Bitcoin: Economics, Technology, and Governance

Böhme Rainer, Christin Nicolas, Edelman Benjamin, Moore Tyler


Abstract
Bitcoin is an online communication protocol that facilitates the use of a virtual currency, including electronic payments. Bitcoin's rules were designed by engineers with no apparent influence from lawyers or regulators. Bitcoin is built on a transaction log that is distributed across a network of participating computers. It includes mechanisms to reward honest participation, to bootstrap acceptance by early adopters, and to guard against concentrations of power. Bitcoin's design allows for irreversible transactions, a prescribed path of money creation over time, and a public transaction history. Anyone can create a Bitcoin account, without charge and without any centralized vetting procedure-or even a requirement to provide a real name. Collectively, these rules yield a system that is understood to be more flexible, more private, and less amenable to regulatory oversight than other forms of payment-though as we discuss, all these benefits face important limits. Bitcoin is of interest to economists as a virtual currency with potential to disrupt existing payment systems and perhaps even monetary systems. This article presents the platform's design principles and properties for a nontechnical audience; reviews its past, present, and future uses; and points out risks and regulatory issues as Bitcoin interacts with the conventional financial system and the real economy.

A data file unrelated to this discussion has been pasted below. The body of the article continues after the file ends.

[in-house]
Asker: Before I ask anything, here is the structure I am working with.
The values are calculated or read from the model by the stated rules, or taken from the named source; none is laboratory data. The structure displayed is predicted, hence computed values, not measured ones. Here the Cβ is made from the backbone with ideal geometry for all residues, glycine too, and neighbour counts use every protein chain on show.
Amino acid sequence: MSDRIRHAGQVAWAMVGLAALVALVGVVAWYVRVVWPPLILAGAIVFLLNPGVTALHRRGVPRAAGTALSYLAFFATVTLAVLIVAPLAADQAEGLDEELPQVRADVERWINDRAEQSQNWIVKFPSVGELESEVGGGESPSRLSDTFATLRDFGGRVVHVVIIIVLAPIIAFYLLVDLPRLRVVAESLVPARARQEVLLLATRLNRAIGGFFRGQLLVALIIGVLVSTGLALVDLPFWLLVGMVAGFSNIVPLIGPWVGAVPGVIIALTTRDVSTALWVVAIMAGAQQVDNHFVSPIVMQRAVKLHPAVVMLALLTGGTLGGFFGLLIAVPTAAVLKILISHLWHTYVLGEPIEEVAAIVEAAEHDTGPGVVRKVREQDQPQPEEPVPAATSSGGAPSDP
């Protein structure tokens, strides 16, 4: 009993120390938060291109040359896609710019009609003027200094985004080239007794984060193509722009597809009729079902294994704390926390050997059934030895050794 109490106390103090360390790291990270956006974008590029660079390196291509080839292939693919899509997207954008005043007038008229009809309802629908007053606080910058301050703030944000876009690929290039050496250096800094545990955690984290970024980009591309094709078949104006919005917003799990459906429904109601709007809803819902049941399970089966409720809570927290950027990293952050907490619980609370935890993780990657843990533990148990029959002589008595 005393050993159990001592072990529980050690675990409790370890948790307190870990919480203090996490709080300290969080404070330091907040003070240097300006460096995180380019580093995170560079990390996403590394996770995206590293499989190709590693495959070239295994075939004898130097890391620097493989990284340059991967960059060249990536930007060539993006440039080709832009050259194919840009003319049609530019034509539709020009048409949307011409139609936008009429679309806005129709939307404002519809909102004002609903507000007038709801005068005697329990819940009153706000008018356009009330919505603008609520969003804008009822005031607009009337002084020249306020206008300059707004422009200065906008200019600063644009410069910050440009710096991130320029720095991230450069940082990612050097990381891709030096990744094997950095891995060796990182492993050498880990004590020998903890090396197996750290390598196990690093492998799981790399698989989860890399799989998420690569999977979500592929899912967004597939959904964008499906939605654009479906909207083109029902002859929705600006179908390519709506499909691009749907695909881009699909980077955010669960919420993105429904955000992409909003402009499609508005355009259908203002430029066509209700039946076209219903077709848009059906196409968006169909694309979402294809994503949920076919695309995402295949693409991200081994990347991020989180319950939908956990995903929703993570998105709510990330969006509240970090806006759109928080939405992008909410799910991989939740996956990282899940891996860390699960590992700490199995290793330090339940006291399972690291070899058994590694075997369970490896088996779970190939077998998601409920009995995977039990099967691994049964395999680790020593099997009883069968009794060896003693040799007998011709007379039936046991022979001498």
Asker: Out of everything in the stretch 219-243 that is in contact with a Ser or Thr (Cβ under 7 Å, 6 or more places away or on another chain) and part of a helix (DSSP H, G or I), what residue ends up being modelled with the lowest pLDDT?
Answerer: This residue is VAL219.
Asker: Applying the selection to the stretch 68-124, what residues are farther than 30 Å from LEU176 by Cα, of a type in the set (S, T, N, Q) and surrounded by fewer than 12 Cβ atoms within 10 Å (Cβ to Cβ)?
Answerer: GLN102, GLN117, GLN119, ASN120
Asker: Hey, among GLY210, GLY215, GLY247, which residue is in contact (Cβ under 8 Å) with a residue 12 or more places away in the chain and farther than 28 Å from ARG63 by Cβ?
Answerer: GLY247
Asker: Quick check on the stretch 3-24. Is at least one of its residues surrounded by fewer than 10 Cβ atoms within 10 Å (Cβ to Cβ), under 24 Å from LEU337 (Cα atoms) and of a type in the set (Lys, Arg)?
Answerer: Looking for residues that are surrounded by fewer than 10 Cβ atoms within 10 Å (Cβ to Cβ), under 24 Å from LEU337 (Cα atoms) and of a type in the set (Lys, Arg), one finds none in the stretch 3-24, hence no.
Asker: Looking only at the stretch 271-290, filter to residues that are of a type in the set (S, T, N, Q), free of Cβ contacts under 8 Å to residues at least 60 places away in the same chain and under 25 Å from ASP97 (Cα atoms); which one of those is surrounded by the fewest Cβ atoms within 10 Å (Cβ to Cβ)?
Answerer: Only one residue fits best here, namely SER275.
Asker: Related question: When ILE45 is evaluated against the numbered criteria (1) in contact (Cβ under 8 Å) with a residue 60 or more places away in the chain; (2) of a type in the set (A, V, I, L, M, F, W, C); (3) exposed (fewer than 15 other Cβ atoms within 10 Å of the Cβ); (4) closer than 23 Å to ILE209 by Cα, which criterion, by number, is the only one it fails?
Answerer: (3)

Publication type
Article in Journal

Peer reviewed
Yes

Publication status
Published

Year
2015

Journal
Journal of Economic Perspectives

Volume
29

Issue
2

Pages range
213-38

Language
English

DOI

Full text

Affiliation
Carnegie Mellon University; Harvard Business School; Southern Methodist University